Yes. Jesus Christ. I would probably also have been spared obsession with Mustard Plug’s punk-ska take on The Verve Pipe’s “The Freshman.” Which, to be fair, was actually pretty funny, and not really nostalgia at all: the two versions were released a year apart-than one band paying cheeky tribute to their friends.
I hope I’ve made my point. And if you’re still with me:
Five Records from 1997 for My Children (and my Children’s Children):
More on #14: 1997
NME Releases List of Top 20 Songs of the Decade, With Beyonce’s “Crazy in Love” Topping the List; Elsewhere, News Slow, I Commit to Making Lots of Thanksgiving References in Honor of the Holiday (And am Very Thankful That Underappreciated In Rainbows Track “Reckoner” Made NME’s List) [NME]
Watch WHY?’s Two-Song Music Video For Eskimo Snow Tracks “These Hands” and “January Twentysomething,” Which Features a Father With a Bunch of Arrows in His Back Dragging a Child from a Car Crash (Whether or Not He Was Playing a Celebratory Game of “Pilgrims and Indians” Remains to Be Seen) [Pitchfork]
Stream Grizzly Bear Remixing German Electro-Mopers the Notwist’s Oft-Remixed Track “Boneless” – I’m Fairly Convinced that this is Better Than the Entirety of Veckatimest (But That’s Because Veckatimest is Weak-(Cranberry)Sauce) [Gorilla vs. Bear]
Inversely, Stream Neon Indian Remixing Grizzly Bear’s Veckatimest Track “Cheerleader” (And Stream Another Neon Indian Version Here); Veckatimest May Have Been a Little Lacking, as I Just Mentioned, But These Remixes are Strong (Like Good Gravy?) [Gorilla vs. Bear]
Watch the Pixies Play Doolittle Opener “Debaser” on Fallon, then Watch them Play “Hey;” Both of Which Seem Pretty Restrained – But Not as Restrained as Your Usually Drunk Uncle Will Be at the Dinner Table This Year (Aunt Laura Probably Lectured Him in the Car After Last Year’s “Incident”) [Stereogum]
Former Spaceman Jason Pierce AKA J. Spaceman Announces New Spiritualized Album for 2010, and Re-releasing His Classic Ladies and Gentlemen We Are Floating in Space; Expect It to Be as Woozy as the Rest of Spiritualized’s Albums (Tryptophan Woozy?!) [NME]
Portland Emo-Punks the Thermals Announce New Album, and Give it a Preemptive Release Date of September 7, 2010; Meanwhile, Pull on Your Thermal Underwear Because This Thanksgiving Weather is Cold (Okay, That’s a Stretch, But C’mon, Only So Many Thanksgiving References are Possible) [Pitchfork]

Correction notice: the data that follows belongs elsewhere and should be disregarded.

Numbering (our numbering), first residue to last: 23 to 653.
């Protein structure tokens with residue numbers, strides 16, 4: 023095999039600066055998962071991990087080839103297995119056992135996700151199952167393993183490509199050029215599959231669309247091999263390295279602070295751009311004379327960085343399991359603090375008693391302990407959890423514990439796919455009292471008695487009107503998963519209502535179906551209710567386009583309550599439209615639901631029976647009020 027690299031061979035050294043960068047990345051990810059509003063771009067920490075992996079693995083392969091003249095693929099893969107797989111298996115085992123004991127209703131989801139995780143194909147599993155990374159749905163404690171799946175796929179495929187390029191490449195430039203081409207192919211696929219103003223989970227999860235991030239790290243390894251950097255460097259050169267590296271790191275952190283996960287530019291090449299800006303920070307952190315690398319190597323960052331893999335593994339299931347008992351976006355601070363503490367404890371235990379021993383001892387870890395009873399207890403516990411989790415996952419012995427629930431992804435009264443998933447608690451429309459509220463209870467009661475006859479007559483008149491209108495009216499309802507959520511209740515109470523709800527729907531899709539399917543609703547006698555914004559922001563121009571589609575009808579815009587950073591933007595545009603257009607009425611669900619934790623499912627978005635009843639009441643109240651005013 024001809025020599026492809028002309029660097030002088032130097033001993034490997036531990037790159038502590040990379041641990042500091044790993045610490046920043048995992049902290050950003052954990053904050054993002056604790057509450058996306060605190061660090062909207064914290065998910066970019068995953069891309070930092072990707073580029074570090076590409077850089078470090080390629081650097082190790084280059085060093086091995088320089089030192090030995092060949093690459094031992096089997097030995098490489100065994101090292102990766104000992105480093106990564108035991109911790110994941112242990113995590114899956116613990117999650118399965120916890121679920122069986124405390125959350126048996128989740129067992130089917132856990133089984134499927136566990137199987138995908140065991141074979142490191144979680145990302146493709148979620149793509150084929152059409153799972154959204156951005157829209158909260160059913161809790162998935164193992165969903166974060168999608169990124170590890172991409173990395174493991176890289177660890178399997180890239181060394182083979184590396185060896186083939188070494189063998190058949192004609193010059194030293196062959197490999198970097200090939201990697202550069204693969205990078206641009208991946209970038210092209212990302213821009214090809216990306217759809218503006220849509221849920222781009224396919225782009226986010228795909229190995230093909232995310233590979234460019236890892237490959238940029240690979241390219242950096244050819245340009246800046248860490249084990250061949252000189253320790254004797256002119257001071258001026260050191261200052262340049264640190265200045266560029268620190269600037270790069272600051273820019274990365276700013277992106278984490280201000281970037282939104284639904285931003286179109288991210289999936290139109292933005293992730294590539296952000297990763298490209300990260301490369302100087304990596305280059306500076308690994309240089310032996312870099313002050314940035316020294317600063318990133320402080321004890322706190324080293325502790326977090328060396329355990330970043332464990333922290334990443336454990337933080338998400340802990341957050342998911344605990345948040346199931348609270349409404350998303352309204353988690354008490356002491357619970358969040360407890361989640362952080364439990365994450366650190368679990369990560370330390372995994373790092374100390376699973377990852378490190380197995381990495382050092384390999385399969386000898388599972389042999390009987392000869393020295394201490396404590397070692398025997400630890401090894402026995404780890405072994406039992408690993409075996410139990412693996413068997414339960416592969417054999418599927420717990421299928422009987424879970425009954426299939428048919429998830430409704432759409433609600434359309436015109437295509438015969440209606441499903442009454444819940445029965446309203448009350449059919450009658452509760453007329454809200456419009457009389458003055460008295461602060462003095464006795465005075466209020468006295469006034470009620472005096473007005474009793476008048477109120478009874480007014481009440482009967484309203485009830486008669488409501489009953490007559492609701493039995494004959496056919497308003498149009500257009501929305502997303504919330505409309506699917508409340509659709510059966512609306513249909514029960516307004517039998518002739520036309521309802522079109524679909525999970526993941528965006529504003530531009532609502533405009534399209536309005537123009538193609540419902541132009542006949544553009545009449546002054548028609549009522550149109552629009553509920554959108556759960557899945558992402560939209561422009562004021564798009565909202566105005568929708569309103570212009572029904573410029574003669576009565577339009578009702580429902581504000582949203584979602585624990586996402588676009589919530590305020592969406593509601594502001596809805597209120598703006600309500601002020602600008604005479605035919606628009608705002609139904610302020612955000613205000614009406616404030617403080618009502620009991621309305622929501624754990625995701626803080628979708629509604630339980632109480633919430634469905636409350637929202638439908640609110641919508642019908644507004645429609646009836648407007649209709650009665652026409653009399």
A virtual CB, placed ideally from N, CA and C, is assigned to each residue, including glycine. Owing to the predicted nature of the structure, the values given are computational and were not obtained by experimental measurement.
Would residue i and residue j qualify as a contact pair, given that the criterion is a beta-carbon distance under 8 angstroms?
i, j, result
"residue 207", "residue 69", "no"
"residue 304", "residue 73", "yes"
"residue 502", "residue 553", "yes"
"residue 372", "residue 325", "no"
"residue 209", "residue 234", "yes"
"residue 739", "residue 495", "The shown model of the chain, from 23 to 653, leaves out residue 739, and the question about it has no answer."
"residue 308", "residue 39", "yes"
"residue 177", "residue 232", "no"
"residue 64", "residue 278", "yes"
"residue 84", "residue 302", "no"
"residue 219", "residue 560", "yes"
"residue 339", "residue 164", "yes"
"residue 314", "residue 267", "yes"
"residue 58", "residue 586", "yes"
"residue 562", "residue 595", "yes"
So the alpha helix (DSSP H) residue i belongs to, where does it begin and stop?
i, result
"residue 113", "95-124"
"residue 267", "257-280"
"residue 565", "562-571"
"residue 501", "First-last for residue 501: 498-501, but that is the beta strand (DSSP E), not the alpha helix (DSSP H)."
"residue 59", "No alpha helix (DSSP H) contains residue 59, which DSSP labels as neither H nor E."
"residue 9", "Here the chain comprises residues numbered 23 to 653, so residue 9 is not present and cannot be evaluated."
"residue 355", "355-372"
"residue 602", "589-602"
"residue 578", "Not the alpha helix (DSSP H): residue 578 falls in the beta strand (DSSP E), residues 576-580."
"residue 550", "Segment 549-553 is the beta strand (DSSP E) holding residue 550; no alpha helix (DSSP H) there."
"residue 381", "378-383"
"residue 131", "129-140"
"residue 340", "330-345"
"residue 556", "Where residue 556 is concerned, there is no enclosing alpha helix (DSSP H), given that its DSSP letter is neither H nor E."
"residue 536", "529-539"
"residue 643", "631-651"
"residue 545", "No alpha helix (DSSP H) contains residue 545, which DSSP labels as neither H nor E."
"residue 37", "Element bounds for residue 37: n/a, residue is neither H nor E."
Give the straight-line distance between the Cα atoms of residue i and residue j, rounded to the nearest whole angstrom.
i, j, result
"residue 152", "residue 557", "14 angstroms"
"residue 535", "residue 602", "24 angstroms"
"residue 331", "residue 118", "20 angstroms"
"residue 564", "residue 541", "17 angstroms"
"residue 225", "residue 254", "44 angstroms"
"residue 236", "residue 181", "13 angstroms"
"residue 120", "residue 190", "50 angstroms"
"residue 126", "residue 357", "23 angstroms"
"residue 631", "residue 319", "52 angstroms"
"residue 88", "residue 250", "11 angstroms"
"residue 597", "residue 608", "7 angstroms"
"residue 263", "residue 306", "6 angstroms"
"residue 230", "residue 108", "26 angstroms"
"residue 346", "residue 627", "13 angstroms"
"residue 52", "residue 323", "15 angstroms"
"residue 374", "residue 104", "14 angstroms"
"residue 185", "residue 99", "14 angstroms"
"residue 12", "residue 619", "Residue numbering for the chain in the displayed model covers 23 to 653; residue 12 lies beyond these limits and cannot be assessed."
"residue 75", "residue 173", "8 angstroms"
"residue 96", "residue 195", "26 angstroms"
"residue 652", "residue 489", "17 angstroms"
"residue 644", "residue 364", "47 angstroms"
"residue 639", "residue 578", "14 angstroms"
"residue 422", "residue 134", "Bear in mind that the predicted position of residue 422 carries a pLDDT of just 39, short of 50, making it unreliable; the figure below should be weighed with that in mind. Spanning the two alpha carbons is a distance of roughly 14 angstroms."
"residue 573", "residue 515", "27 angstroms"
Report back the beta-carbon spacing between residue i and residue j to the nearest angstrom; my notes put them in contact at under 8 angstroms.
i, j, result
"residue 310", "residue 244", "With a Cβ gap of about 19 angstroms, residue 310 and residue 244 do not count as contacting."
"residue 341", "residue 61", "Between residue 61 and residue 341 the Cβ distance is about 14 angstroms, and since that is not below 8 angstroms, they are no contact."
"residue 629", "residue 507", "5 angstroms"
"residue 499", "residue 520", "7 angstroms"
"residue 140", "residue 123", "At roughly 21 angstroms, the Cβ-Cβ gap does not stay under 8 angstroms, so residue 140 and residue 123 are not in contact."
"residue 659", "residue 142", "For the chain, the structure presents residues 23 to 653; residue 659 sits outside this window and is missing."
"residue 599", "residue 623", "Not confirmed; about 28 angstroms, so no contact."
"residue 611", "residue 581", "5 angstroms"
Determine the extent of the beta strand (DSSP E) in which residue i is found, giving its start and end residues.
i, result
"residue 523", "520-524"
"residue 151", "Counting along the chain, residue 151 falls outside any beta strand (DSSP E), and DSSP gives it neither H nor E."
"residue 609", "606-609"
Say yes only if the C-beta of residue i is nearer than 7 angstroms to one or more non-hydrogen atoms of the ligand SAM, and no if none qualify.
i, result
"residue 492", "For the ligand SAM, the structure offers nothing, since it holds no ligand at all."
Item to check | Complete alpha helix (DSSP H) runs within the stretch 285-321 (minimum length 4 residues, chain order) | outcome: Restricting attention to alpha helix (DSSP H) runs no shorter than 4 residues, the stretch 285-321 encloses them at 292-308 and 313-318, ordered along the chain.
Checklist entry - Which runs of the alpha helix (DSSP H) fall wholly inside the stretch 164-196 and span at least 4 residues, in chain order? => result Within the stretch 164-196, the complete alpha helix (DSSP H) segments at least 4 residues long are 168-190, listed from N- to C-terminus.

compiled by Max Sebela
November 20, 2009
IN THE NEWS
It’s nice to know that sometimes the actions of a fool can spur a response from someone clever. Take for instance, the latest head-fuck from Beck, “Harry Partch,” which is, most likely, a direct response to the inane rantings of Fiery Furnaces’ Matt Friedberger. A few weeks ago, Friedberger started one of the lamest rock feuds by going after Radiohead in a Spinner interview for their song “Harry Patch (in Memory of).” Friedberger, being as ignorant as he is, had misinterpreted the title as Harry Partch (the experimental composer) and lambasted the song as being pretentious even though a) he had never heard the song, and b) it’s about Harry Patch, the last surviving British WWI veteran.
After a million Radiohead fans pointed out the blunder, Friedberger was quick to respond. First with his publicist claiming that Friedberger had thought the interviewer was asking about Harry Partch, not Harry Patch, and then by releasing a statement claiming that he was quite aware that the song was about the last living “Tommy,” and that the whole interview was just harmless “‘riffing,’ or fooling around.” Though it’s possible that Friedberger was just fucking with us, it’s more likely he was being ignorant, especially when opening his release with: “Like most creative musicians, Matt Friedberger is not a fan of Radiohead and most of their chart busters.” He then blamed the media for the misunderstanding, made a Tommy pun, and ended with “Matt would have much preferred to insult Beck but he is too afraid of Scientologists.”
Well, the statement must have reached Beck (presumably via a derelict hippy servant while upon his freak-rock throne) since yesterday the ten minute epic about Harry Partch was released on his website. Described by Beck as a “peregrination across disparate territory to ascertain an unassumed frame of reference,” he either took the project extremely seriously, or has a very wry sense of humor; the quality, however, points to the former. It’s the musical equivalent of Jason Pollock’s throwing shit at a canvas, and with most of the myriad of musical ideas being good ones, it’s surprising digestible – even with the inclusion of Partch’s beloved microtones. Would you play it at your wedding? Not unless you were marrying Yoko Ono or something. But it is some fun, out-there musical shenanigans.
More on Matt Friedberger Vs. People Who Don’t Really Care What He Has To Say
Fiery Furnaces Will Release an Album of Covers. The Covers Will All Be Covering Fiery Furnaces Songs, Meaning Fiery Furnaces Remain the Most Despicably Annoying Band in All of New York [Pitchfork]
!!!, Maserati, and Holy Ghost! Drummer Gerhardt Fuchs Passes Away, Falling to the Bottom of a Brooklyn Elevator Shaft [NY Times]
Stream L.A. Girly Girls Best Coast’s New Single “When I’m With You,” Which Could Honestly Pass For the Vivian Girls, Only More Jangly, and Less Jersey (Also, Contains Simpler Chorus Than “Be My Baby” — “When I’m With You, I Have Fun”) [Gorilla vs. Bear]